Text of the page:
5. Sur Nova. The giants that had given me trouble early in the game, blocking passages south, were a bit easier with my long-range compound bows. I killed them, freed their captives, and gained treasure. The freed captives told me they'd put in a good word at Sur Nova, the next city on the march south. I ended up taking the city without a fight; they simply welcomed me as their new leader. Nice when it's easy.

6. Miscellaneous Monsters. Around Sur Nova, my heroes found some evil cultists and a band of orcs with wizards. In both cases, the heroes had to fight alone, but they were easily victorious. Both produced lots of treasure.

7. Monastery. My court historian told me of a monastery to the east of Sur Nova where the monks apparently know some protective magic. I sent Gideon there alone for some reason, but it turned out okay. He got admitted to the building, donated 1,000 gold pieces, and received some information about an alternate route through the mountains, guarded by a goblin army with a dragon.

8. Tentula. Rumors around the time I was fighting for Nuralia said that this southern city was "once very prosperous" but "has practically withered since the disaster that devastated the world" (interesting hint to a back story not covered in the manual) and would therefore be easy to conquer. Soon, word came of impending collapse and riots in the streets. When I finally arrived, I found it quite well-defended, with 500 soldiers, but I won it with my usual bow strategies. It's a good thing I did: I hadn't been watching the months, and it was December. If I hadn't been able to take the city, my army would have faced a long and deadly march back to the nearest safe city.

9. Trolls. I recount this episode below.

As months go by, in between turns, a lot of random stuff can happen in the cities, some good, some bad, all lending some fun flavor to the game. Hail damages crops and diminishes a city's agriculture. Citizens donate money to help with the upkeep on the garrison. General "unrest" damages production. A "misunderstanding with a powerful merchant group" damages commerce. A prospector finds a new mine and increases mining production, or a bandit raid decreases it. Nice weather improves morale and decreases food use. Food shortages deplete the civilian population. Wandering adventurers give information that helps improve trade. A population surge increase the number of individuals available for recruitment. There are dozens of other possibilities.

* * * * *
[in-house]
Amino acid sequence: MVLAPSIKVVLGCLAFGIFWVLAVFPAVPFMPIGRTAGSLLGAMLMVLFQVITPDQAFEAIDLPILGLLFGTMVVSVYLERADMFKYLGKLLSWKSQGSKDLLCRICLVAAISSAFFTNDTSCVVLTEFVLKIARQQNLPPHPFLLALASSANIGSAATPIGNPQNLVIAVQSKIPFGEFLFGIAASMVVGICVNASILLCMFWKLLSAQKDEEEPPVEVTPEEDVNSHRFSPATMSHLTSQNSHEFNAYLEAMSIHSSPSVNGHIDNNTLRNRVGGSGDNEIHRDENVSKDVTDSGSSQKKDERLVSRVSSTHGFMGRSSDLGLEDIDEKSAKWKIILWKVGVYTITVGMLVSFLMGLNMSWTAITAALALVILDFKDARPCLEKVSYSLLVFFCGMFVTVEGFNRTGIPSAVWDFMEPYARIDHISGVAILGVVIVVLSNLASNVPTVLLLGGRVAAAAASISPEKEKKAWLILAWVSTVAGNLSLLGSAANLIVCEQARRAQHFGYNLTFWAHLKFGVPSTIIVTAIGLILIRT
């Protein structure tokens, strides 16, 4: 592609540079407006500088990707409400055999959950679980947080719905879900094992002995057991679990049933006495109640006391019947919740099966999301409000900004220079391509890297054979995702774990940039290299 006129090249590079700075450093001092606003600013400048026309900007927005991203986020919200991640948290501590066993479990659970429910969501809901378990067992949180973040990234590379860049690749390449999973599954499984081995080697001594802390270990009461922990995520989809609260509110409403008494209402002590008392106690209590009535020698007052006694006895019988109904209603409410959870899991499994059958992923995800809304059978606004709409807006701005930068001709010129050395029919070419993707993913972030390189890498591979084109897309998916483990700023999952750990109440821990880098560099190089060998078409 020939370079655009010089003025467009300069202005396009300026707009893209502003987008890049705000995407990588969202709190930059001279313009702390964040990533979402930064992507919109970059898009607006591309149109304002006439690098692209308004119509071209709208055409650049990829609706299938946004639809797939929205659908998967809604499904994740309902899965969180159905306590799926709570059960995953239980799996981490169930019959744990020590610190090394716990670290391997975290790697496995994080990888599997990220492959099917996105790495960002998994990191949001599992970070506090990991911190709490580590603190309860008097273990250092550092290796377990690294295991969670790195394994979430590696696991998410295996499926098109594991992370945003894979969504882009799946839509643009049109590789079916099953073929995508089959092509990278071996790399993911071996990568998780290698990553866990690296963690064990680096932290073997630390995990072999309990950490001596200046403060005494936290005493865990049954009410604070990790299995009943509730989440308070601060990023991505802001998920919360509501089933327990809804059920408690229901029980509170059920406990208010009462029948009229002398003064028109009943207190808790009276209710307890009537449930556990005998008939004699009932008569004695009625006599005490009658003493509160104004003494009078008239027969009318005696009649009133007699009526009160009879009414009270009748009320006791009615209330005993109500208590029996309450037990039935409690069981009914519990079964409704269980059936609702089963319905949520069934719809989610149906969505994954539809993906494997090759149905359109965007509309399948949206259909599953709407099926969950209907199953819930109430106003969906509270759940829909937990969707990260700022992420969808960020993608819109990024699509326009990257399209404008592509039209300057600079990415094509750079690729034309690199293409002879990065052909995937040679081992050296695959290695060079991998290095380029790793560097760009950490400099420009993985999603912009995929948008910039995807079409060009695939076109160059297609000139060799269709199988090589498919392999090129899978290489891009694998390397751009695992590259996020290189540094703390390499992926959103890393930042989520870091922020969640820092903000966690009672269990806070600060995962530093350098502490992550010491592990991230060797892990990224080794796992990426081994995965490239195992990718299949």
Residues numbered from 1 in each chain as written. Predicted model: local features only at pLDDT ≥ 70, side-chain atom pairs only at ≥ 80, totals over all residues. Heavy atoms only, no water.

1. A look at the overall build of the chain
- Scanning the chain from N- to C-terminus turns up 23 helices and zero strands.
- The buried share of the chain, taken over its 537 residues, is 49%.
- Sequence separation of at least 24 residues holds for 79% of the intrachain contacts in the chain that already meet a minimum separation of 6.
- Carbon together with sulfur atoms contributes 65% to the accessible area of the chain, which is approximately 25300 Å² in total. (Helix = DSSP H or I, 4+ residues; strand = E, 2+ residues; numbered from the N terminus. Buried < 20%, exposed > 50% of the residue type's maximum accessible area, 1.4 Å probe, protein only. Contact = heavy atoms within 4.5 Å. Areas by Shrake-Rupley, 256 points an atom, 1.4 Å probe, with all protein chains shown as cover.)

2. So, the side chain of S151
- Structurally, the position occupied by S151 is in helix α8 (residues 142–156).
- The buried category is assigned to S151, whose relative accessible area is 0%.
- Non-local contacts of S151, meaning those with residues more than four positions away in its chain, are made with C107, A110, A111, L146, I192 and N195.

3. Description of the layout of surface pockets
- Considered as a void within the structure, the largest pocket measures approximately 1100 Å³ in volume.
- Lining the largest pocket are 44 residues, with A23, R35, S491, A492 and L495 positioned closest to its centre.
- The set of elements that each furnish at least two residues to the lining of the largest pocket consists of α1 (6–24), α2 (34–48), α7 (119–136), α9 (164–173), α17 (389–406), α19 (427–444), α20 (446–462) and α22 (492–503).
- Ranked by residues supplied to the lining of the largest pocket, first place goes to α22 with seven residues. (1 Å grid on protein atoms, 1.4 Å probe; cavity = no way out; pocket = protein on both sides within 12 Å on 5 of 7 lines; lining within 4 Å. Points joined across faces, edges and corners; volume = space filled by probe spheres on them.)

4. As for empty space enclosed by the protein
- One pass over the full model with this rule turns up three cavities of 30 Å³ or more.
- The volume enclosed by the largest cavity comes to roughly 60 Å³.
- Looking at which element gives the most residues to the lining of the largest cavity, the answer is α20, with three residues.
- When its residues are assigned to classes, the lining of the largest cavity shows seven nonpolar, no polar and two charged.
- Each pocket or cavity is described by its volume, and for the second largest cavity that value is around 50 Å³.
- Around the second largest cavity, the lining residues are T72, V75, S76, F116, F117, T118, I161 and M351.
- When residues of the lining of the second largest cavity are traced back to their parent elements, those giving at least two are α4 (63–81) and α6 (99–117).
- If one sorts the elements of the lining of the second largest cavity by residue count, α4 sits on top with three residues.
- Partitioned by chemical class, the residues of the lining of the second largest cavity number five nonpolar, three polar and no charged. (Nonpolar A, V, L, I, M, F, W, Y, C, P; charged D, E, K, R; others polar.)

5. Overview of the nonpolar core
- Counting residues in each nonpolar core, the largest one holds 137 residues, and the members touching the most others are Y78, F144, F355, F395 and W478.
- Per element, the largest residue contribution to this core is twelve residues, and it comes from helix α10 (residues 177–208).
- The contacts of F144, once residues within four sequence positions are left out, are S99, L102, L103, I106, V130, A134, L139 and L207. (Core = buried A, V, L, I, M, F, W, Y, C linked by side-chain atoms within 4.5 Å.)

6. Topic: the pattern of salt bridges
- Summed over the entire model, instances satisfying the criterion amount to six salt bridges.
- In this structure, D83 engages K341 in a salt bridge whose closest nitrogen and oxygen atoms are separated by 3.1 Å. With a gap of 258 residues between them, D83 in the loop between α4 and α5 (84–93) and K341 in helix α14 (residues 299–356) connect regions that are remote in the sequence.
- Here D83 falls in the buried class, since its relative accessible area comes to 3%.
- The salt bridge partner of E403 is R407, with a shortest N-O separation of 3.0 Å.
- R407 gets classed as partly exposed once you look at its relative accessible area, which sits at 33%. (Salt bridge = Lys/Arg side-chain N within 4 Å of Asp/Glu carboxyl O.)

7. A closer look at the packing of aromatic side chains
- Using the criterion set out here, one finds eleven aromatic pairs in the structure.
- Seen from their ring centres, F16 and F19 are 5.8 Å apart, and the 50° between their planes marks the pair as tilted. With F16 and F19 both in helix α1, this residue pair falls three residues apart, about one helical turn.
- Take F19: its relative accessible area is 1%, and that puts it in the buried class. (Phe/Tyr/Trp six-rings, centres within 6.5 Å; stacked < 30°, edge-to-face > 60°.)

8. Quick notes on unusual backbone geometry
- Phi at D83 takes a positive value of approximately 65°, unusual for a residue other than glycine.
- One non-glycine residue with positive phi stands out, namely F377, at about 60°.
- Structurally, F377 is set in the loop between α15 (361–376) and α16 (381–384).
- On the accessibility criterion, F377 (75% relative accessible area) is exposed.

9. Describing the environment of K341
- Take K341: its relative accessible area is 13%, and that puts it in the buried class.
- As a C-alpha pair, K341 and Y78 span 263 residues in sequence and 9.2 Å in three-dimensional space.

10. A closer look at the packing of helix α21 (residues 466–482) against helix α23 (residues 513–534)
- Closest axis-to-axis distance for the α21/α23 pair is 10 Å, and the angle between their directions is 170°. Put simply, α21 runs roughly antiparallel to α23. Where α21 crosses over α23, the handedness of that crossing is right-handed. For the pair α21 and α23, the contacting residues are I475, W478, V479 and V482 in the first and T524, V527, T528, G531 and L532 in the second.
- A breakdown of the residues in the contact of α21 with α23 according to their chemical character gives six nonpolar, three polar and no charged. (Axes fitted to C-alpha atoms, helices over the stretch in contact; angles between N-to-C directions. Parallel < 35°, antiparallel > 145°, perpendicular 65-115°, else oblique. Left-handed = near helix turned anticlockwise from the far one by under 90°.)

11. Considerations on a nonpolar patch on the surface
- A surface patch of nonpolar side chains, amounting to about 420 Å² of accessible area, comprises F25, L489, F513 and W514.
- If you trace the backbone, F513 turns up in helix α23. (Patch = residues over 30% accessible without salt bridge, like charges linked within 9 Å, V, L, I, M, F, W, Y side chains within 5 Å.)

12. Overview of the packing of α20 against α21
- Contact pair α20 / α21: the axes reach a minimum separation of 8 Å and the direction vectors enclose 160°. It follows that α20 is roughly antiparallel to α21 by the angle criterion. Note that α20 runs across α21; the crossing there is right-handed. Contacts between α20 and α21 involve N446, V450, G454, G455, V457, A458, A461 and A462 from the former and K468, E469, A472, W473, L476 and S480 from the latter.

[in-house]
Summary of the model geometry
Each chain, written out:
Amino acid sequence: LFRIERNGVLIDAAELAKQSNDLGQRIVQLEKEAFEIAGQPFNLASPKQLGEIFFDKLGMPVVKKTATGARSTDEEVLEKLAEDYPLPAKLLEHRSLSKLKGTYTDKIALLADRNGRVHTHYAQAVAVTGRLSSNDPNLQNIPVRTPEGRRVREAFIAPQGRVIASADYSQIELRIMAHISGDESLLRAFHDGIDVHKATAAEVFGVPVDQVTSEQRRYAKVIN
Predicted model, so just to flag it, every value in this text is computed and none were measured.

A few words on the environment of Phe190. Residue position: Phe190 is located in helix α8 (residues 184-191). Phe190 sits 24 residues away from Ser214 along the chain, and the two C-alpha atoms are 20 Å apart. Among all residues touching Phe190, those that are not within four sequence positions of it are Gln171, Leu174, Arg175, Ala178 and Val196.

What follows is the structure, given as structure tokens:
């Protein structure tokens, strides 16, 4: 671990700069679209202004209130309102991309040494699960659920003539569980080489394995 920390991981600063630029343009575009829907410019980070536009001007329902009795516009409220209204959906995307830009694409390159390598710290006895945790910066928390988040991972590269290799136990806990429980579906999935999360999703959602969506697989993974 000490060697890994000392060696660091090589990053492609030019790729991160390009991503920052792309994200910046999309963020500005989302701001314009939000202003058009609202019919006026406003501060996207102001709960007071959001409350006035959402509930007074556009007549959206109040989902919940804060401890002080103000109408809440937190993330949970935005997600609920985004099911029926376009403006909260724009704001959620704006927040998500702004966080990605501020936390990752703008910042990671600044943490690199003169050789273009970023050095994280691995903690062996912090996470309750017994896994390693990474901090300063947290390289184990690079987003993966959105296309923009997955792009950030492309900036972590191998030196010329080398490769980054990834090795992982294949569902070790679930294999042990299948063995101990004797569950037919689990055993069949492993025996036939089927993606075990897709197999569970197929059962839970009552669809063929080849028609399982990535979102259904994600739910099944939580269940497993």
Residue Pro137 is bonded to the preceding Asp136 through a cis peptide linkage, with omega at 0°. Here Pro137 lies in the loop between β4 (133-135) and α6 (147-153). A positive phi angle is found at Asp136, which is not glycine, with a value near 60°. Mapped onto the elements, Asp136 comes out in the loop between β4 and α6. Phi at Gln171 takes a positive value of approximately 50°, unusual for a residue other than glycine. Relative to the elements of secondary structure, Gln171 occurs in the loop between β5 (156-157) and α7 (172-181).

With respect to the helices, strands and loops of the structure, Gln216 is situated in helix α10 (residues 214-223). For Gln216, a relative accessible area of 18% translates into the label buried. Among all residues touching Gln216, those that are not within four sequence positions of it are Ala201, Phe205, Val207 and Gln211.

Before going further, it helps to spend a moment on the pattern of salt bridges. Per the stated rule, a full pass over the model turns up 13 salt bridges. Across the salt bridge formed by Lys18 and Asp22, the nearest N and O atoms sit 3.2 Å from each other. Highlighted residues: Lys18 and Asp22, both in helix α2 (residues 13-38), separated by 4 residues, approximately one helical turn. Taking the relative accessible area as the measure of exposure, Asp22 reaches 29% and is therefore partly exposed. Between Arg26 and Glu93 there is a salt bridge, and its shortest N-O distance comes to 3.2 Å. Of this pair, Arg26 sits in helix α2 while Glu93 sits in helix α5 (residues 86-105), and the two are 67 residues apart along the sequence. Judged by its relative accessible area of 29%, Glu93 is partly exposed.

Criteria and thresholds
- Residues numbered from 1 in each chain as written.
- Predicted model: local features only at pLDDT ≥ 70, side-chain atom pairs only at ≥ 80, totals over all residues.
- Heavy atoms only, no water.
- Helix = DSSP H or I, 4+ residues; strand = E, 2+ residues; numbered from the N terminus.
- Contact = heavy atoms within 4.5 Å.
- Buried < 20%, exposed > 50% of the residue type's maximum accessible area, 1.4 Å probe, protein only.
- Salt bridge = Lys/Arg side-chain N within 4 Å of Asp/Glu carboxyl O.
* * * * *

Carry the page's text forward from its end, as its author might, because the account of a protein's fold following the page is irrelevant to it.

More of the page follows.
Each transition of months brings both random events and intelligence.

All of these events have consequent effects on morale, city production, city population, income, and recruitment. I agree with most commenters that since the overwhelming majority of your income comes from battles, these considerations aren't terrifically important, but it irks me anyway to see cities operating on a net loss.

Okay, on to combat. A 25-minute battle I fought against some trolls illustrates the game's approach to both quests and combat. The episode begins some turns earlier, when hundreds of trolls surrounded the city of Sur Nova and demanded 2,000 gold pieces or else they would "kiill aall humann!"

In most games, you might pause to chuckle for a few minutes before attacking (has anyone honestly ever just given "all their gold" to a wandering bandit in Skyrim?), but Sword of Aragon encourages you to think about the situation with a little more strategy. In the city, I had a garrison of about 35 trained and equipped infantry, a new unit of bowmen, plus two heroes. If the trolls killed them all, it would cost well over 2,000 gold to replace them. Plus, there's the population of nearly 5,000 people to think about--no more recruiting in Sur Nova--not to mention the continued economic cost of supporting a devastated city.

In this case, I allowed myself the rare luxury of trying both options and re-loading, just to properly document the role-playing choices. Fighting turned out to be suicide. There were indeed hundreds of trolls, in dozens of units, and they swarmed my hopeless garrison from all sides. I had to watch as the game told me how many civilians they were slaughtering.

When I intend to leave a hero in a city, I lamely name him as the first letter of his class and then the name of the city.

So I reloaded to try the other strategy: agree to pay. They told me to "havve theee goold ready" when they came again.

Little did the trolls know that I'd already discovered their base of operations, called "Trollhome," and I was waiting for reinforcements to attack.The video below picks up as I muster all of my heroes and forces in front of their fortress and launch my assault. The video is unnarrated, but I have highlights below.

  • 00:07: You see my unit names and statuses. Yes, I'm running out of ideas for naming the heroes and units.